Kent State group defends Native Americans after Trump’s ‘Pocahontas’ comment

Kelsey Meszaros

When President Donald Trump referred to Sen. Elizabeth Warren as “Pocahontas” during a White House event honoring Navajo veterans Nov. 27, many Native Americans, including members of Kent State’s Native American Student Association, had something to say.

“I just want to thank you because you are very, very special people,” Trump said during the event. “You were here long before any of us were here. Although, we have a representative in Congress who has been here a long time … longer than you — they call her Pocahontas!”

President Trump’s use of “Pocahontas” stirred anger among members of NASA.

“The thing that strikes me most is just how incredibly immature it is,” said Danielle Martin-Jensen, a graduate translation student and a co-president of NASA. 

Pocahontas’ real story, one much different from the Disney version, is filled with pain and loss. She was taken from her tribe at a young age by the English and held ransom before marrying an Englishman.

“To use a young girl’s tragic life in order to insult somebody, when you don’t even actually care about Indian country at all, is offensive to all parties involved and it’s disrespectful,” Martin-Jensen said.

Trump honored Navajo code talkers who served during World War II by inviting them to the White House for a ceremony. In the background hung a portrait of Andrew Jackson, the seventh president of the U.S. who signed the Indian Removal Act into law.

“He’s an Indian killer,” said Michael Humphreys, a sophomore business management major and a co-president of NASA. “He was behind the Trail of Tears. He would massacre Native American children, women, warriors, elders and destroy complete civilizations.”

The Trail of Tears, the result of the Indian Removal Act of 1830, forced tribes off their land to  designated “Indian territory,” where they were confined to the area assigned to them. 4,000 Cherokees died during the Trail of Tears march, according to the Library of Congress.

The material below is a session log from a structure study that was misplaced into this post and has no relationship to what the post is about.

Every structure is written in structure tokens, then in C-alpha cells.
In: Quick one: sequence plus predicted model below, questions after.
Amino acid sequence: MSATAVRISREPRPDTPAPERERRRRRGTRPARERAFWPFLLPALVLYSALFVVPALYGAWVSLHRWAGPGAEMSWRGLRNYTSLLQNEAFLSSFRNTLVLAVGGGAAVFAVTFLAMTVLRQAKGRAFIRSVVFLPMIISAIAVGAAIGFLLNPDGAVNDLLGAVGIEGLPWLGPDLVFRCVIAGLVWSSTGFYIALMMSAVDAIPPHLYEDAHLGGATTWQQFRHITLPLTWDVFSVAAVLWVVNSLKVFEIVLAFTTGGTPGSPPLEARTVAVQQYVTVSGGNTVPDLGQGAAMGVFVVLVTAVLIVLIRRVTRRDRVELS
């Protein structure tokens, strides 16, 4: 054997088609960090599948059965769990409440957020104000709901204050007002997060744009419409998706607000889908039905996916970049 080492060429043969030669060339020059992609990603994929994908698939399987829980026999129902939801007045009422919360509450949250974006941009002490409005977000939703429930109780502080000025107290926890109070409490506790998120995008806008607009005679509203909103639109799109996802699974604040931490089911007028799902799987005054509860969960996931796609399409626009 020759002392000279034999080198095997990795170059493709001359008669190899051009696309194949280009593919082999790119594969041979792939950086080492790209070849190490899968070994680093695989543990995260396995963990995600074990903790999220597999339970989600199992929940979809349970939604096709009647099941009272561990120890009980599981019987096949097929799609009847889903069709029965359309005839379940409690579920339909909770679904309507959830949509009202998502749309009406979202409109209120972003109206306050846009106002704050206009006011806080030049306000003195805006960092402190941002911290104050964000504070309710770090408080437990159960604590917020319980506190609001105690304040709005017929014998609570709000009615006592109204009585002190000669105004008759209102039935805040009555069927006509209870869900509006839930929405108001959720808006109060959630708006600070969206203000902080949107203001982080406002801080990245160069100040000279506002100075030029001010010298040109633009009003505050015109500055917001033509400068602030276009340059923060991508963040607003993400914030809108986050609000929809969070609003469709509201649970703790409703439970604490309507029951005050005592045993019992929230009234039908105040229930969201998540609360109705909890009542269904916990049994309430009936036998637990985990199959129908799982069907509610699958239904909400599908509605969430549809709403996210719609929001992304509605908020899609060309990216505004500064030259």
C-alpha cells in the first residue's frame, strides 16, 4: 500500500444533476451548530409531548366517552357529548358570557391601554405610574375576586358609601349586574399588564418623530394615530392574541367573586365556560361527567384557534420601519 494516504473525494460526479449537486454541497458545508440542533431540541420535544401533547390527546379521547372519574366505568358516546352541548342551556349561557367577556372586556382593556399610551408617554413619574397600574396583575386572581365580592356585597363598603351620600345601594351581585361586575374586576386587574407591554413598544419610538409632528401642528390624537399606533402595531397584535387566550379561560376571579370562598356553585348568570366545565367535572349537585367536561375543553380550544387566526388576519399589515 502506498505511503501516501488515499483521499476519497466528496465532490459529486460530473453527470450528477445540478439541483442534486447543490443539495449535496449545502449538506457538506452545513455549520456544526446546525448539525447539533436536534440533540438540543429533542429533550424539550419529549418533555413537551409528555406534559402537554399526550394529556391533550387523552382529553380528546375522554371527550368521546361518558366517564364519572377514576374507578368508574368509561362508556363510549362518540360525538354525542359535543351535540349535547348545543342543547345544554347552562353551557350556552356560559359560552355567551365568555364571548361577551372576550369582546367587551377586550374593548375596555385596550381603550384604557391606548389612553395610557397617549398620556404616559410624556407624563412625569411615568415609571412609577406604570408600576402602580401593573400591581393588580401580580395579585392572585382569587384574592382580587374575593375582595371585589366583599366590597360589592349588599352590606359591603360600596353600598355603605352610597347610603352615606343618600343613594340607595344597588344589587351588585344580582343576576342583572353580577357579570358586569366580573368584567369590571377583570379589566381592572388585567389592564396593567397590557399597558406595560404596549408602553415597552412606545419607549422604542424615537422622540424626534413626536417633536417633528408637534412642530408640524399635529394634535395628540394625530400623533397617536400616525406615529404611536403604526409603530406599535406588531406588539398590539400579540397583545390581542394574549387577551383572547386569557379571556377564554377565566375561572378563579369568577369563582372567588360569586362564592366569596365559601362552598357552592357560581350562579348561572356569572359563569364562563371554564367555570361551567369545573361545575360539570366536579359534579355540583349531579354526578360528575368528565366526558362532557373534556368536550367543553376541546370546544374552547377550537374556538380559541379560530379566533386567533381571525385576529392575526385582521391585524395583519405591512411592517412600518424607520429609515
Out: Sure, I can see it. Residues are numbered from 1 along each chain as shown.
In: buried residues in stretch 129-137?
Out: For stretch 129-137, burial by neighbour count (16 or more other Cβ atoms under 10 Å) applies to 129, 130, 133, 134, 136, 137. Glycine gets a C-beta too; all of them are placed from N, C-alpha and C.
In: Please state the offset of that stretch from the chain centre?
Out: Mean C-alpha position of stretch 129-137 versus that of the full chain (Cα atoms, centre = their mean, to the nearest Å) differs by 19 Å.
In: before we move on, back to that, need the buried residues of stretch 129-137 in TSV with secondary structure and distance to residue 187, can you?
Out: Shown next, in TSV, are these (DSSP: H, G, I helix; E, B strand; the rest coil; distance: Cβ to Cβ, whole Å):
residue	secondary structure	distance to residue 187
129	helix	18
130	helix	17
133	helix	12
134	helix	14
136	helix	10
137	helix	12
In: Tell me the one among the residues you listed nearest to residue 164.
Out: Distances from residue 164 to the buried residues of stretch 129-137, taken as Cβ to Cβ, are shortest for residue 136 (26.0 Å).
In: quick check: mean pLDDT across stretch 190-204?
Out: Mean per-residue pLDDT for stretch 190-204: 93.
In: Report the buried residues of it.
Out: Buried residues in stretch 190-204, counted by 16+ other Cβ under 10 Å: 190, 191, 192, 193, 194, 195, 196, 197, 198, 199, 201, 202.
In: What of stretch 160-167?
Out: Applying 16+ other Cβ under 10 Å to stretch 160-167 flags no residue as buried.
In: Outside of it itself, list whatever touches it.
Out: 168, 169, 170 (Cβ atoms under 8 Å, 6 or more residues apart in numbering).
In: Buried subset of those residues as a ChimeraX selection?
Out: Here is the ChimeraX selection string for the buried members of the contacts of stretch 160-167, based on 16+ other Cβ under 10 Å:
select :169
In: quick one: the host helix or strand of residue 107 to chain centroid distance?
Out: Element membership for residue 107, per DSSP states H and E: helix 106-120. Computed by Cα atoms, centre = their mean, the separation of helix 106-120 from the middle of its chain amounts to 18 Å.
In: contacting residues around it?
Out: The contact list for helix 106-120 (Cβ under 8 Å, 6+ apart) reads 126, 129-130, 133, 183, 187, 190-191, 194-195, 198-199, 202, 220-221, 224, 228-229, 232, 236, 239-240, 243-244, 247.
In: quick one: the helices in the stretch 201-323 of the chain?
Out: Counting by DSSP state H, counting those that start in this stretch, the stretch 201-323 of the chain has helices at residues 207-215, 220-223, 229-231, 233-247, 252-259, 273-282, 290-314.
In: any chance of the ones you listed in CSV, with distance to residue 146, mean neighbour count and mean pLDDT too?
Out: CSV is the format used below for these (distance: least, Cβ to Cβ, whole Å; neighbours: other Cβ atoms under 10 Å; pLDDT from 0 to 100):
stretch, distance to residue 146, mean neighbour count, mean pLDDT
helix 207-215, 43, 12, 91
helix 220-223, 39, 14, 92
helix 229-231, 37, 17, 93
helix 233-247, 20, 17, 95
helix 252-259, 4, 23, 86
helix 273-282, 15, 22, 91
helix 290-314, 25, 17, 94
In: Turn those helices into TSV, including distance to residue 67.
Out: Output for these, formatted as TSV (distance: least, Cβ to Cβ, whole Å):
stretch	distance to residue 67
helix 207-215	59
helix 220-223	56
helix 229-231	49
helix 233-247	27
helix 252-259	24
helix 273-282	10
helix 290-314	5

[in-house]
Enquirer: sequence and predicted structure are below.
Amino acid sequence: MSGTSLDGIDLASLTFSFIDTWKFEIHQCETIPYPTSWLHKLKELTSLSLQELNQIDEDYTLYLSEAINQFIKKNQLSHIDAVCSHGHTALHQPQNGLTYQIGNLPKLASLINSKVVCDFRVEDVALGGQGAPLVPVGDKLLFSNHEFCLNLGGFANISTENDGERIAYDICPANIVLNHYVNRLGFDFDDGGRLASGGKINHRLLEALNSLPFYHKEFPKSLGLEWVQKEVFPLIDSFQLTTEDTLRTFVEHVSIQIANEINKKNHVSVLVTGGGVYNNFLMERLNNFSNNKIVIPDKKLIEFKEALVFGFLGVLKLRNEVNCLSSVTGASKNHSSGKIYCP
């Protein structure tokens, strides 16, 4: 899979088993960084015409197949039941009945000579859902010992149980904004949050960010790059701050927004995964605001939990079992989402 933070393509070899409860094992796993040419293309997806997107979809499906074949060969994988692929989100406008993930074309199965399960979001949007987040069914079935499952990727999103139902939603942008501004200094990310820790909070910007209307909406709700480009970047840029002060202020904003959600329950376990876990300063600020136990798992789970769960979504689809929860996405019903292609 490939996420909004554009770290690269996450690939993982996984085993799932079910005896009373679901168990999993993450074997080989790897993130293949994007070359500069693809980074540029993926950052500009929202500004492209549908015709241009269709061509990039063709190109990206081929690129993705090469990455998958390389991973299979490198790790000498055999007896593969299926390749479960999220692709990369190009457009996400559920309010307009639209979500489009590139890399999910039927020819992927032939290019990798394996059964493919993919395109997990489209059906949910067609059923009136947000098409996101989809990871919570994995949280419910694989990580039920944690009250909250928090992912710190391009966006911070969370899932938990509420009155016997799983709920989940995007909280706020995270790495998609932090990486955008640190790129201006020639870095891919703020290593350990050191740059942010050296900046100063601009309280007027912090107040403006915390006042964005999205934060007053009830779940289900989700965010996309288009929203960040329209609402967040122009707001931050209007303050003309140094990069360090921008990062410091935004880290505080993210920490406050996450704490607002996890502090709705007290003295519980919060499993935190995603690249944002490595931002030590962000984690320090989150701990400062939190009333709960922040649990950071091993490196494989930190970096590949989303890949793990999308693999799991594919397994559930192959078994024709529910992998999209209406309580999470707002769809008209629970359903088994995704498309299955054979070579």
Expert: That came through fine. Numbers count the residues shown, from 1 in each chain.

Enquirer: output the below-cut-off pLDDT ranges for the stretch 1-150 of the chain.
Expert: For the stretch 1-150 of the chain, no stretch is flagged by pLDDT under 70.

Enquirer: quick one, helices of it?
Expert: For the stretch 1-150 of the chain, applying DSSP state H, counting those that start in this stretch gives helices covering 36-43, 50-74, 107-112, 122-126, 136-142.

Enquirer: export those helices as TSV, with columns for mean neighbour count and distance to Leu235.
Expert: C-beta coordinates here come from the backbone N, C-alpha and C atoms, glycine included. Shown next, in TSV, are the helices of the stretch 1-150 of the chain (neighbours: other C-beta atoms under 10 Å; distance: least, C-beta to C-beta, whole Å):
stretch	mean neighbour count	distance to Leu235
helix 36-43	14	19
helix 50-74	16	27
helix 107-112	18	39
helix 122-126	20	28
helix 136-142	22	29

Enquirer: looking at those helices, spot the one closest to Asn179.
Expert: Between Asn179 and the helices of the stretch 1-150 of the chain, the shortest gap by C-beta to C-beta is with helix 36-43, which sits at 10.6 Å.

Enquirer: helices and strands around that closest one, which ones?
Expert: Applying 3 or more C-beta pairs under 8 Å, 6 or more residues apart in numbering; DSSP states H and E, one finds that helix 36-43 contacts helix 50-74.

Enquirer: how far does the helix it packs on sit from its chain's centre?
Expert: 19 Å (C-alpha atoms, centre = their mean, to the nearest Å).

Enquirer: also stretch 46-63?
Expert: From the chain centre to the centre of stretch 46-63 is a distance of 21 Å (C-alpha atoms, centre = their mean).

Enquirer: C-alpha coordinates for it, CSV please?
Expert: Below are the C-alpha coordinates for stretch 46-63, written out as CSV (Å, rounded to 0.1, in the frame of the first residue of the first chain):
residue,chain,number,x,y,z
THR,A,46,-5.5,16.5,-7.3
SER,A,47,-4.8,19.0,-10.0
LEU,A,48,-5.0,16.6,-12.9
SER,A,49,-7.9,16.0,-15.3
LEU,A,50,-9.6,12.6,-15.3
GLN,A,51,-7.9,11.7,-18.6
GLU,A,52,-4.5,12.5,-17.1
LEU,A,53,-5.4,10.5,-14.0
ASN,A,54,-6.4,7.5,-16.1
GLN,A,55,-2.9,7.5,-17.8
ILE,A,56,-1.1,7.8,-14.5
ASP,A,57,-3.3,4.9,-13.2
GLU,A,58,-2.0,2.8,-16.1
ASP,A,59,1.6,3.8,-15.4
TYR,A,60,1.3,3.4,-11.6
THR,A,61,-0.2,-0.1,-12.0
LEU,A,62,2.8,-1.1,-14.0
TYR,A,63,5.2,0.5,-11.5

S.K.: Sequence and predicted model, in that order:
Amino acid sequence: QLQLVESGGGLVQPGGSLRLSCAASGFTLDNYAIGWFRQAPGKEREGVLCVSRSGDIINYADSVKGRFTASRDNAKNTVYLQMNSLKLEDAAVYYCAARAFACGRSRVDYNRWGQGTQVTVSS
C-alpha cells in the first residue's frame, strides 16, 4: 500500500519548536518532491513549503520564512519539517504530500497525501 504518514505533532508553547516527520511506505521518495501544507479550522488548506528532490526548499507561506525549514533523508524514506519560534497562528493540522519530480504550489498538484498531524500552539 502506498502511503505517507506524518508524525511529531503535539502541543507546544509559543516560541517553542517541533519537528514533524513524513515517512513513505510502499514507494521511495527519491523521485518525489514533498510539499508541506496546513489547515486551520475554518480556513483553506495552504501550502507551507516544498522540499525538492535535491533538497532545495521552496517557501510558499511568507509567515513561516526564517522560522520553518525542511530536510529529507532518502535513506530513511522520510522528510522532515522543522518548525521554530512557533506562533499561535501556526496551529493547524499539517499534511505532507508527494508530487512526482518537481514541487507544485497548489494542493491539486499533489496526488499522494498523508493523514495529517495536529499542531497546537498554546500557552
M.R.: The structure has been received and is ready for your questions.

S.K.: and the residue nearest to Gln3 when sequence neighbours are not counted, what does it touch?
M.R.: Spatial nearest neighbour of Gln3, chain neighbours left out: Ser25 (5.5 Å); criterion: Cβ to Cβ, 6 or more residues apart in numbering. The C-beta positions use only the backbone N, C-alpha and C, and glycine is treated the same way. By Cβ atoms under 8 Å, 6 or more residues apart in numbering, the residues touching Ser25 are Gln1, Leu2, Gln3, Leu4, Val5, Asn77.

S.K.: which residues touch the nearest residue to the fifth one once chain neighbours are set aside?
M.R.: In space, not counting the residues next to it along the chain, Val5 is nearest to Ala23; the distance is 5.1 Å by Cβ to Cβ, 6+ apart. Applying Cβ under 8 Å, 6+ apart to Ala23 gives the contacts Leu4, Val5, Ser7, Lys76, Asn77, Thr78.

Despite President Trump’s comments on Sen. Warren, Peter McDonald, one of the code talkers honored, focused his speech on unity and pride.

“America, as we know, is composed of diverse communities,” McDonald said. “We have different languages, different skills, different talents and different religions, but when our way of life is threatened, like the liberty and freedom we all cherish, we come together as one. And when we come together as one, we are invincible.”

The message given by the Native American veterans resonated with NASA more so than the offensive comments given. The focus should be put on the veterans and their legacy, Martin-Jensen said.

“You all sit there with the flag and claim to care for the veterans and yell at someone for not standing for the Pledge of Allegiance or the flag, but then you don’t do anything when somebody, literally right to their face, disrespects veterans. It’s hypocritical,” said Kasey Willener, a senior history major and the treasurer of NASA.

Over the decades, Native Americans have overcome challenges like relocation and dissimulation, but their spirit has never diminished.

“We have a lot of issues in our community, don’t get me wrong, but one thing that Native Americans are always able to do is survive,” Humphreys said. “We’re survivors, we’re fighters, we’re warriors.”

Kelsey Meszaros is the student affairs reporter. Contact her at [email protected].